Gov. Bobby Jindal managed to be both right and wrong in his latest communication about the U.S. Department of Justice’s suit against Louisiana’s scholarship voucher program: the Pres. Barack Obama Administration has shifted tactics, but its goal to rewrite jurisprudence in the way it finds ideologically acceptable remains the same.
And so the suit is still on. The Justice Department, in its never-ending effort to make sure mostly poor kids stay trapped in lousy schools, has taken the position that while it doesn't want to be the jailer, it does want a heavy hand in the process.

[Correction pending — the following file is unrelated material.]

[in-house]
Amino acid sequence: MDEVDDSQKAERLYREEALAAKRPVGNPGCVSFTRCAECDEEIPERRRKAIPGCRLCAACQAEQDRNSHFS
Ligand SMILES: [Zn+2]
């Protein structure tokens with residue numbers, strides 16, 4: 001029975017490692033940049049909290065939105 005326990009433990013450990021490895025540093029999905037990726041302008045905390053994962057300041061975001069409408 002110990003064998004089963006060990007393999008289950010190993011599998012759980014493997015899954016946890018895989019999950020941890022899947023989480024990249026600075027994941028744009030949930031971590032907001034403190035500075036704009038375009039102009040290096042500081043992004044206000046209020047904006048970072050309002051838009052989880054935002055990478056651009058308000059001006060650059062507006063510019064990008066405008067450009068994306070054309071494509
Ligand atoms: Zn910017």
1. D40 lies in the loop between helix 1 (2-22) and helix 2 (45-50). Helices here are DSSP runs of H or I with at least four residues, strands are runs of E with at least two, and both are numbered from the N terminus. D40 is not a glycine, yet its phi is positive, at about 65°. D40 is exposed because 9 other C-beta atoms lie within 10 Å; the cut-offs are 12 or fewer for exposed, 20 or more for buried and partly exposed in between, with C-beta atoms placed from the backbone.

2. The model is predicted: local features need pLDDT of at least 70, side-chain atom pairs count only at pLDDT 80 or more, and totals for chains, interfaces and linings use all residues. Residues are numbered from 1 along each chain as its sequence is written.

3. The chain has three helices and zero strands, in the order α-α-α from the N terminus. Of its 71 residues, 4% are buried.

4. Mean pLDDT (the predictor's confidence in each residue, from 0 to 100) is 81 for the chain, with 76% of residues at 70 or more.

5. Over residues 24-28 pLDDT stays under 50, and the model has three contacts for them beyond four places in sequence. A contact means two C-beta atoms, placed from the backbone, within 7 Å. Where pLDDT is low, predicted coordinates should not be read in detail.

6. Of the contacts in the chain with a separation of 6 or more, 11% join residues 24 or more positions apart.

Along those lines, federal prosecutors had a curious filing the other day. Attorney General Eric Holder's minions sued Louisiana's fledgling voucher program, remember, because it allegedly was at odds with desegregation orders still in existence after more than a quarter century.
A Monday filing from federal judge Ivan Lemelle ratifies the U.S. Justice Department's September statement that it has softened its suit against Louisiana's school voucher program. It confirms that the Justice Department wants to monitor the program but not bar the state from issuing some vouchers without court permission.
Although the feds downgraded their demands in September, Gov. Bobby Jindal seized on the Monday filing as a major victory, issuing a press release saying the Justice Department had "abandoned" its suit.